In response to its Sailor 2025 initiative, the U.S. Navy needed to identify and procure a technologically savvy ready, relevant, learning system. This mobile, scalable, reconfigurable High Velocity Learning Environment (HVLE) capable of providing more cost-effective, readily available training to Sailors was the result. Old style brick and mortar approaches, the traditional system of sending Sailors to actual, physical training facilities off-site, had become less attractive due to rising costs and scheduling factors. Today’s warfighters need training “at the ready” to respond to emerging training gaps and such training needs to be flexible enough to quickly address changing needs. Additionally, the new HVLE needed to provide content agnostic infrastructure that can handle everything necessary and have no build constraints. With the ability to handle integration platforms such as virtual reality, mixed reality, simulators, MRTS 3D, and xAPI, the Carrier-Advanced Reconfigurable Training System (C-ARTS) seemed a logical choice, particularly given the Navy’s 18-month time constraint.
To effectively meet the concept requirements in the requested timeframe, SBIR Phase III contract funding was critical to successful commercialization of CHA’s Lighthouse technology stack. This funding was readily provided by the Navy. The Lighthouse technology is capable of supporting unique training systems and delivering applications capable of real-world, real-time solutions. With Lighthouse serving as the command central of the HVLE, it creates a purposefully designed agnostic delivery of augmented reality (AR), virtual reality (VR), mixed reality (MR), virtual task trainers (VTT), interactive media instruction (IMI), computer-based training (CBT), and instructor-led training (ILT).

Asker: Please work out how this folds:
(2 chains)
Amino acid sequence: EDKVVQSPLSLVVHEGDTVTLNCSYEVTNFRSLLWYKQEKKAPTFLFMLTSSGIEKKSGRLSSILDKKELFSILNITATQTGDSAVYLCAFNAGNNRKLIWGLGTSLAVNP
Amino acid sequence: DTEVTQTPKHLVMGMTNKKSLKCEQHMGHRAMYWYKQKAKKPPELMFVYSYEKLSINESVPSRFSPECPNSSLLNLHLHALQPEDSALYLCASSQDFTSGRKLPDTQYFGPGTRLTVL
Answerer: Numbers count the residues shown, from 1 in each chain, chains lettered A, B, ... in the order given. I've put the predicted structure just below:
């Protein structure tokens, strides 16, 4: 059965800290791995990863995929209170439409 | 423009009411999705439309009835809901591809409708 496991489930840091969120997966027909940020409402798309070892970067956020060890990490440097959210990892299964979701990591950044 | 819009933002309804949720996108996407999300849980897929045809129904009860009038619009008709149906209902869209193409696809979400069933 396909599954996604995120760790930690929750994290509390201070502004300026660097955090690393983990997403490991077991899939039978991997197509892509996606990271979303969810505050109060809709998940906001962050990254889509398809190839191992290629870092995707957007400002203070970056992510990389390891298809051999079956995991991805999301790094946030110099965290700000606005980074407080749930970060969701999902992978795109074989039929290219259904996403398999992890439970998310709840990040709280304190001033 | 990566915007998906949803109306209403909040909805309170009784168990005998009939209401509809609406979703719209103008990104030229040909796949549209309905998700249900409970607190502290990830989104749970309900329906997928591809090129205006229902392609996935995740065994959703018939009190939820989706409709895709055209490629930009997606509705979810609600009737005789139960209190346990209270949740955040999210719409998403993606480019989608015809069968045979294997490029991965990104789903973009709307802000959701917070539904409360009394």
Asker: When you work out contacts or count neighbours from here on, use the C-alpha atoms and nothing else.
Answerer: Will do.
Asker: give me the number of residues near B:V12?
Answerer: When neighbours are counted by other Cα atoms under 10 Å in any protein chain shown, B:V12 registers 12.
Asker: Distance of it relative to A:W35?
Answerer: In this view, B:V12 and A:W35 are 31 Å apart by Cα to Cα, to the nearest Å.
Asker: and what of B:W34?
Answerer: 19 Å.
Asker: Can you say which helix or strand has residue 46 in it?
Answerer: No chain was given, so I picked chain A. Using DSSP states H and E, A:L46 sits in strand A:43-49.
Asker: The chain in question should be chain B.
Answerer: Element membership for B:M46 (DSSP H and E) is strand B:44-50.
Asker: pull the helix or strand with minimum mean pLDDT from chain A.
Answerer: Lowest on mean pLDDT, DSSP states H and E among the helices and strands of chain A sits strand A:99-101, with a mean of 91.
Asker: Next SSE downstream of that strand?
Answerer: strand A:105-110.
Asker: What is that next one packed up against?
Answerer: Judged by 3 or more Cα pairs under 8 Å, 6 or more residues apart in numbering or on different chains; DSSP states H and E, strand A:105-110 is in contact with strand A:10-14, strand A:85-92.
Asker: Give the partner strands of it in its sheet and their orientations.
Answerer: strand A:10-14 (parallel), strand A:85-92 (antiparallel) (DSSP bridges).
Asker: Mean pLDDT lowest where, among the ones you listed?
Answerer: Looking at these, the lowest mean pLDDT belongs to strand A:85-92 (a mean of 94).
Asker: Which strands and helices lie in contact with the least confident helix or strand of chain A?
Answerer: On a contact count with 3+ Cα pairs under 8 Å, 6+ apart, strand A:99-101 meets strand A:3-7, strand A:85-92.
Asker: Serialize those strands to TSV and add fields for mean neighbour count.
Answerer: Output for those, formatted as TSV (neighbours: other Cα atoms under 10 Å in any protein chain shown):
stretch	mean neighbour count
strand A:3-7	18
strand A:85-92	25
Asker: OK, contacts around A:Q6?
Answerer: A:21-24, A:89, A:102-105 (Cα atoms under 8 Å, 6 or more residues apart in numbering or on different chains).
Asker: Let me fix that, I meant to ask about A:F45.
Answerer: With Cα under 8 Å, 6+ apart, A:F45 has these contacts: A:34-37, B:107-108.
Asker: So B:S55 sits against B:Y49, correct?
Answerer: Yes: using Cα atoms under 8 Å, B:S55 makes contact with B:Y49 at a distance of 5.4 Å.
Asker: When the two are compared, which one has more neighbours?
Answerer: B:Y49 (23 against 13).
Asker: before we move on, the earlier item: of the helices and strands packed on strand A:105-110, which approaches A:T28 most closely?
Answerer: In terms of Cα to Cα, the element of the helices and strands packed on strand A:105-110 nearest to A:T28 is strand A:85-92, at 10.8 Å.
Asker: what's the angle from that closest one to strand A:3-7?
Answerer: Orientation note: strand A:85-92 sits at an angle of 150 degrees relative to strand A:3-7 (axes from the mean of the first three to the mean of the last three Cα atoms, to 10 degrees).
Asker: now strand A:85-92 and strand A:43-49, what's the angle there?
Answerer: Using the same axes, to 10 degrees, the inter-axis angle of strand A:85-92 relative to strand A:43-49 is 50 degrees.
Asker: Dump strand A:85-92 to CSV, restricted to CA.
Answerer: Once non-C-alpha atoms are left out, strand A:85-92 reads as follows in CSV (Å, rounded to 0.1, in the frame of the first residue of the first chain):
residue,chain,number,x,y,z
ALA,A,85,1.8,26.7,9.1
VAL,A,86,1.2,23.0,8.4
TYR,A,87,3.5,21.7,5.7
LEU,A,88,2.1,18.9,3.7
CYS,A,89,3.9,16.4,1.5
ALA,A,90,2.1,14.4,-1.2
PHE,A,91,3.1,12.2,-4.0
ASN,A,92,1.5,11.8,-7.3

In designing the C-ARTS system, certain elements had to be present. First and foremost, C-ARTS had to expedite the delivery of Ready, Relevant Learning (RRL) to the point of need without sacrificing valuable tools and technology typically found in traditional classrooms. It had to reduce expert knowledge transfer time to the Fleet. In other words, C-ARTS would need to ensure that all training could be quickly and efficiently translated to meet real-time needs. C-ARTS also needed to be a cost-effective infrastructure that saved money on build-out and overtime. This HVLE’s portability and reconfigurability allows it to be strategically placed at support units to decrease total ownership costs through economies of scale. Additional configurations were required to meet non-traditional learning events through the use of HVLE assets to promote speed of knowledge transfer and problem solving. These types of events include ISEA support events, hands-on training in the labs, collaborative events, and more. Finally, information aggregated and analyzed via Lighthouse would provide empirical data to decision makers, giving them real-time access to training and manpower information.
Seven critical components were identified for the C-ARTS-specific HVLE.
1. Powered by Lighthouse SBIR III software. Making Lighthouse the workhorse of C-ARTS would allow for the following: Learning Management System (LMS), On-Board Content Management and Delivery System, Video Repository, Future Growth Capability, and xAPI Future Growth Capability.